How to look for records of... Foreign Office correspondence 1891-1905
How can I view the records covered in this guide?
How many are online?
1. Why use this guide?
Use this guide for advice on how to search for Foreign Office correspondence dating from 1891 to 1905 and now held at The National Archives. You will need to visit us to carry out a search and to view the documents. For advice on other types of Foreign Office records see our broader overview guide.
Foreign Office correspondence is a rich source of information on the history of British relations with foreign states and can also provide insights into past domestic issues in foreign countries.
There are tens of thousands of records of general correspondence at The National Archives, ranging from letters, both personal and official, telegrams and despatches, to reports, notes and memos and anything else that was sent from one place or person to another in the business of the Foreign Office.
2. The essential search tools: Foreign Office indexes and registers
To identify the Foreign Office correspondence from 1891 to 1905 relevant to a particular country, person or subject area, you will need to use the Foreign Office indexes which make up series FO 804 (you can also search in FO 738 which contains photographic copies of the volumes held in FO 804) and the registers in series FO 566.
These indexes and registers were created and used by the staff of the Foreign Office itself – not all the correspondence to which they refer was sent for preservation to The National Archives so today some index and register entries refer to documents which no longer exist.
3. Using the indexes and registers to find correspondence
Follow the steps below to work your way from the indexes to the registers and finally to the paper correspondence itself. None of the indexes, registers or correspondence are available to view online or on microfilm so you will need a readers ticket to order and view them in person at our building in Kew. Our page on researching at The National Archives explains more.
Step 1: Identify and order the relevant index in FO 804
From the results of your search, select the appropriate reference, like the one shown below, so you can order the index for viewing in our Document Reading Room.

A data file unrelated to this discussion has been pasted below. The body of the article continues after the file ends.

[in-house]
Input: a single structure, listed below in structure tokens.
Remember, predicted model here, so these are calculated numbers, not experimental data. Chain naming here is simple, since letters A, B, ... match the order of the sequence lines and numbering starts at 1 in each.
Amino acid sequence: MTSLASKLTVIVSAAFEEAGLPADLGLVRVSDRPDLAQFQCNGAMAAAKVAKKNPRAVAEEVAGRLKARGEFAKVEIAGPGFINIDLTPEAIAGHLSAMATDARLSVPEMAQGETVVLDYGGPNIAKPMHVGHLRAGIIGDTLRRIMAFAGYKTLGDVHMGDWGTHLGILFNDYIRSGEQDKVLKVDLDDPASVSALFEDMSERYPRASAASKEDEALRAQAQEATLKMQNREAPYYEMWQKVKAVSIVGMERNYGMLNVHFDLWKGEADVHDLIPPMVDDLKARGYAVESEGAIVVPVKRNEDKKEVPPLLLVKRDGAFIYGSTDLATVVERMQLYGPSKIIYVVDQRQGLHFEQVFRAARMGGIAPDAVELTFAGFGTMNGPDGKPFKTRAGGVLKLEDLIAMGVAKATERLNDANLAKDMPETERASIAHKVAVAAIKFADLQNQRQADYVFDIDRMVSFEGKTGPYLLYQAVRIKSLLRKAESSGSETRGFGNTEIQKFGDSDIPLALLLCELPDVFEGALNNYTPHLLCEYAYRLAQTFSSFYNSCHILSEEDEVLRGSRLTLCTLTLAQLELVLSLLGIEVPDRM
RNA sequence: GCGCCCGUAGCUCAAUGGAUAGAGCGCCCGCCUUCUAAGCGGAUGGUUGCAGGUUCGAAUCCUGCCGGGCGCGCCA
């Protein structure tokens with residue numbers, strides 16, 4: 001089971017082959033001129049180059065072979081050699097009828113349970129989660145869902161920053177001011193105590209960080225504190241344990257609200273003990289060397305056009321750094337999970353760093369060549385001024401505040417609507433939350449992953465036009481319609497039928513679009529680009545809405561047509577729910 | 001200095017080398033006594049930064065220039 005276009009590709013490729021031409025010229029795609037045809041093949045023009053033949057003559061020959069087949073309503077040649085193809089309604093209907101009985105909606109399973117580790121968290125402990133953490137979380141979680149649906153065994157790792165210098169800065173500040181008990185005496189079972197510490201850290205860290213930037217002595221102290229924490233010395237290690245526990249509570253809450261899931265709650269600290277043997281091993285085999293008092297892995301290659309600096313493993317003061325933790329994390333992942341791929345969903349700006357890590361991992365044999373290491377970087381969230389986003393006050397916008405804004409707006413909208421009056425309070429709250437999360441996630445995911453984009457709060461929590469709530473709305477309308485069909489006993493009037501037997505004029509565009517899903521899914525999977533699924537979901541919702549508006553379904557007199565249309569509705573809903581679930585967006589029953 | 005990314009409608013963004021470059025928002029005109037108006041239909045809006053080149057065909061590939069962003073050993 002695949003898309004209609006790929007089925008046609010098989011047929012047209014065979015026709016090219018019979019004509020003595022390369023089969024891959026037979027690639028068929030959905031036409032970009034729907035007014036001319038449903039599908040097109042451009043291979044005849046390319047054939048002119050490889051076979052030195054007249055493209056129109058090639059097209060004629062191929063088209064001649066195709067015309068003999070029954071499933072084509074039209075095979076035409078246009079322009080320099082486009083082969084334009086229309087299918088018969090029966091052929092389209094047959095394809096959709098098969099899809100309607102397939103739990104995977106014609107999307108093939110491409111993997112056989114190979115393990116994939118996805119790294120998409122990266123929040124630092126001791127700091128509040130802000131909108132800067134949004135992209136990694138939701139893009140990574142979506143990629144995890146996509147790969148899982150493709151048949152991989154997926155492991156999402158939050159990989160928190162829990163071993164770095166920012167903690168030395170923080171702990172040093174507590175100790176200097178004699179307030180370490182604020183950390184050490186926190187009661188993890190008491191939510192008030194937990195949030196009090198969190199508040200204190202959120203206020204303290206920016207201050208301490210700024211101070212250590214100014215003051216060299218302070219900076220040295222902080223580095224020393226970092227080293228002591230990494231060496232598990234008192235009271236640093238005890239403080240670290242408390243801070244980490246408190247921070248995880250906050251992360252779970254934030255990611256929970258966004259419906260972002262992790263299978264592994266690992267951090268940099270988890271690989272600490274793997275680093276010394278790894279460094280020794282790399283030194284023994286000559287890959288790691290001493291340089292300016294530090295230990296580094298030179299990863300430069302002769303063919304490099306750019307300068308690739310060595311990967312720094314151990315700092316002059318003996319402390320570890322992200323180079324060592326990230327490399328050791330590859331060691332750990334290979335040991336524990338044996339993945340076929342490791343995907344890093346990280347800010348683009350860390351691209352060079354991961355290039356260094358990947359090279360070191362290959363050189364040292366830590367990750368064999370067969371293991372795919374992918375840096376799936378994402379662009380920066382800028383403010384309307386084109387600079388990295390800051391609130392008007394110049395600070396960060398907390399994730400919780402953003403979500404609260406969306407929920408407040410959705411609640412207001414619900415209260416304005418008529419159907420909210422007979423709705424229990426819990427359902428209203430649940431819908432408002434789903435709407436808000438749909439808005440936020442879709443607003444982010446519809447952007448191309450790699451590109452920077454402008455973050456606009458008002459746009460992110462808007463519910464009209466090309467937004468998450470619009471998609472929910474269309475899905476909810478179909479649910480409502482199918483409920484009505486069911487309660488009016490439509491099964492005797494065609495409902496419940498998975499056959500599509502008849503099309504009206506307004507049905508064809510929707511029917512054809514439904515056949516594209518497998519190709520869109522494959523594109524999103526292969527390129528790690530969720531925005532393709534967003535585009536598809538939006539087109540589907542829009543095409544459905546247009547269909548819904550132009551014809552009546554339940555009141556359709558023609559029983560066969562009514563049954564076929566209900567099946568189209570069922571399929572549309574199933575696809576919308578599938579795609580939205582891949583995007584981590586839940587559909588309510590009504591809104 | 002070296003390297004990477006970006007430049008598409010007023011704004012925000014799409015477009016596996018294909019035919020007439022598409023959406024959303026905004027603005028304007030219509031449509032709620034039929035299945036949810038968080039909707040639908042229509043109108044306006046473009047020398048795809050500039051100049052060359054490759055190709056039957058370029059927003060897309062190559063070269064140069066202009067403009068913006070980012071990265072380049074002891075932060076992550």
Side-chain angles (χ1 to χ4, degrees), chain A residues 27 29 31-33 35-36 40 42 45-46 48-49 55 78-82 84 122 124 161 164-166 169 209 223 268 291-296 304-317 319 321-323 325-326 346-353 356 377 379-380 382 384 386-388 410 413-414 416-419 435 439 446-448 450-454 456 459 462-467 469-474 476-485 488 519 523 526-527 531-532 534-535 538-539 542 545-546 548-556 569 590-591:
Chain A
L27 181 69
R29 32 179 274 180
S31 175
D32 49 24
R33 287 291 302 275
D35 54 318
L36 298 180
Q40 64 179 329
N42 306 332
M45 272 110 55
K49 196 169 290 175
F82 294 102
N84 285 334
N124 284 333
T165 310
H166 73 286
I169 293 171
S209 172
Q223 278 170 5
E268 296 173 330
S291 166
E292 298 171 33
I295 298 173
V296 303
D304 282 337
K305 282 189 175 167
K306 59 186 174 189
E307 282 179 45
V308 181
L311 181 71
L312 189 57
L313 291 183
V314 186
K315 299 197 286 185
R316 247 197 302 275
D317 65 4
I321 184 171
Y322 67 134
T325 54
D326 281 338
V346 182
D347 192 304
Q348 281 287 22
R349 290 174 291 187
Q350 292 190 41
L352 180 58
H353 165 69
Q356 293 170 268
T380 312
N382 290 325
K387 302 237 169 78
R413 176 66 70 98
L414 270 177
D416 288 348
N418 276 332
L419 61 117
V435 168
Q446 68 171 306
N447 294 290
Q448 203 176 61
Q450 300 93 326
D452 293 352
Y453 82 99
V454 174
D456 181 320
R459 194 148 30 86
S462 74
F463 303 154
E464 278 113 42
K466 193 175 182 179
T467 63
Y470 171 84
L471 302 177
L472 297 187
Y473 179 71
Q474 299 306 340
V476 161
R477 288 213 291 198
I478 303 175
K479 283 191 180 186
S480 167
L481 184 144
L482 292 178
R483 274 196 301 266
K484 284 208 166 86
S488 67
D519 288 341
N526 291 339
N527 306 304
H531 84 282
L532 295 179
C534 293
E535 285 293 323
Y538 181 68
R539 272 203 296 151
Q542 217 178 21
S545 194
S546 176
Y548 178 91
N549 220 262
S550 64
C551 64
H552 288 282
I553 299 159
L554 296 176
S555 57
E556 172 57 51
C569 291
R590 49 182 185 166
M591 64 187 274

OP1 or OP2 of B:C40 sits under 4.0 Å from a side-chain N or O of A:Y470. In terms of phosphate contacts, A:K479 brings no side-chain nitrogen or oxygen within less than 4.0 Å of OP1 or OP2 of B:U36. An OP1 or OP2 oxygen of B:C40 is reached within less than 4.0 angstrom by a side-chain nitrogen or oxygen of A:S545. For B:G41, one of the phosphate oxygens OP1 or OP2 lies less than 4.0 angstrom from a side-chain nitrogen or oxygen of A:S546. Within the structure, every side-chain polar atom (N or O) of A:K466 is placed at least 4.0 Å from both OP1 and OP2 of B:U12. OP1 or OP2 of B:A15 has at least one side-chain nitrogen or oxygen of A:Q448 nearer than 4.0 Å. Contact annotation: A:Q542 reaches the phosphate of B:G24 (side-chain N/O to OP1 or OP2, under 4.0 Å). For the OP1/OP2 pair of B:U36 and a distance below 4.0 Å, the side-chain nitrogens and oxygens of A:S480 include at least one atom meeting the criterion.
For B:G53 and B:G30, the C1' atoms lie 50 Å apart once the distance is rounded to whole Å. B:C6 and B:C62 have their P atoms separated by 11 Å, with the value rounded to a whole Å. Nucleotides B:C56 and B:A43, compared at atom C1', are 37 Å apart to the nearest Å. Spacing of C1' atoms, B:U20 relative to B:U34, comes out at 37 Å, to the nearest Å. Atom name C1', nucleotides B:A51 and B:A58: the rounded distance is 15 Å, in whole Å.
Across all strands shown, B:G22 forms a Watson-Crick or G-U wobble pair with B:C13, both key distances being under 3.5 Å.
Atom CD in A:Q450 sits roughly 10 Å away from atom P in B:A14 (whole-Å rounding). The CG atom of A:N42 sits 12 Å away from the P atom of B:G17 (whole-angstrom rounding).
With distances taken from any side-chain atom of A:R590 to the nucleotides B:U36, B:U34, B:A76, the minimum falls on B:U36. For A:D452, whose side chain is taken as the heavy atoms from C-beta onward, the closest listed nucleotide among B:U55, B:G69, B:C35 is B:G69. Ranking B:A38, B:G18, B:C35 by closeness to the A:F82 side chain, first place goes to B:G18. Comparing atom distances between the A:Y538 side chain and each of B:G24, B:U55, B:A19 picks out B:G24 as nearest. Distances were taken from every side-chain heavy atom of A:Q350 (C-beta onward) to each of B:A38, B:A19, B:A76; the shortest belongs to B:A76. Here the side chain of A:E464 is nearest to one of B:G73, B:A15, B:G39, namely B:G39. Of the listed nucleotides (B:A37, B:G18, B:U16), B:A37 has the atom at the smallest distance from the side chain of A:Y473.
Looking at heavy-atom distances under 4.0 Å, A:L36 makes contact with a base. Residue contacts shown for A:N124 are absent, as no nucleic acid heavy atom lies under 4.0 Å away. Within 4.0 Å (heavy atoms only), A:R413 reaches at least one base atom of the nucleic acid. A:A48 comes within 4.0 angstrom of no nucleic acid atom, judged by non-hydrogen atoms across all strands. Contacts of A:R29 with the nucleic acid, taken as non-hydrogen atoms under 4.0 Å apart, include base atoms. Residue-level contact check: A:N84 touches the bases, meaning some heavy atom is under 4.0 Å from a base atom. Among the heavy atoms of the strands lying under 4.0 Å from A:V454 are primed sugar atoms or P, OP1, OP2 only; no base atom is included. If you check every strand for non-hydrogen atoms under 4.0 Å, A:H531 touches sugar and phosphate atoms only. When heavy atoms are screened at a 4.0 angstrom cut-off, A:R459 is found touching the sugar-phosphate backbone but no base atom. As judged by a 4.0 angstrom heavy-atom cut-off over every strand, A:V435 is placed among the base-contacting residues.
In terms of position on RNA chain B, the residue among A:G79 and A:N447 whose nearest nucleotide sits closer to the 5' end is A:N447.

Step 2: Identify the relevant entry in the index
The indexes are arranged alphabetically, with each page divided into two columns: ‘subjects’ and ‘persons’.
The index will provide you with the year and the page number of the register you need to look at, as shown below.
You may have to do some lateral thinking to find your way around the subject index terms used.
Step 3: Identify the relevant register
Use the FO 566 series search in our catalogue to search by country name and year.
The registers are often split into separate volumes (Diplomatic, Consular, Commercial and Treaty) and this will be evident in search results. The Diplomatic registers are those most commonly used, but, depending on your subject, it may be worth ordering the others as well. The reference for the Diplomatic register for Germany is shown below:
With a reference you can order the relevant register for viewing in our Document Reading Room.
Step 4: Identify the relevant entry in the register
Go to the relevant year and page in the register (the page number appears in the top corner, above the line), and identify the subject you are looking for.
The register will provide you with:
- despatch number
Step 5: Find the relevant despatch
You will first need to identify the original correspondence series for your country. To do so, you can:
- use the list of correspondence series by country in our catalogue
- ask for the list at the enquiries desk in the Open Reading Room
Use the advanced search in our catalogue, leaving the keyword box blank and restrict to the relevant country series and year.
Using the drop down menu (shown on the left), sort your results by reference.
Then look for the volume which contains despatches from the author you have identified, and look for the range that contains your despatch number (like the registers, the correspondence can be split into Diplomatic, Consular, Commercial and Treaty).
You can then order the relevant volume and look for the despatch within it.
4. Further reading
James Cronan and Keith Mitchell (eds.), Foreign Office Records, 1782 to 1986, An index to country series (Lists and Index Society, 2017)
Michael Roper, The records of the Foreign Office, 1782-1968 (Public Record Office Publications, 2002)
L Atherton, ‘Never complain, never explain’, Records of the Foreign Office and State Paper Office 1500-c1960, Public Record Office Readers’ Guide No7 (PRO publications, 1994)
The records of the Foreign Office, 1782-1939, Public Record Office Handbooks No13 (HMSO, 1969)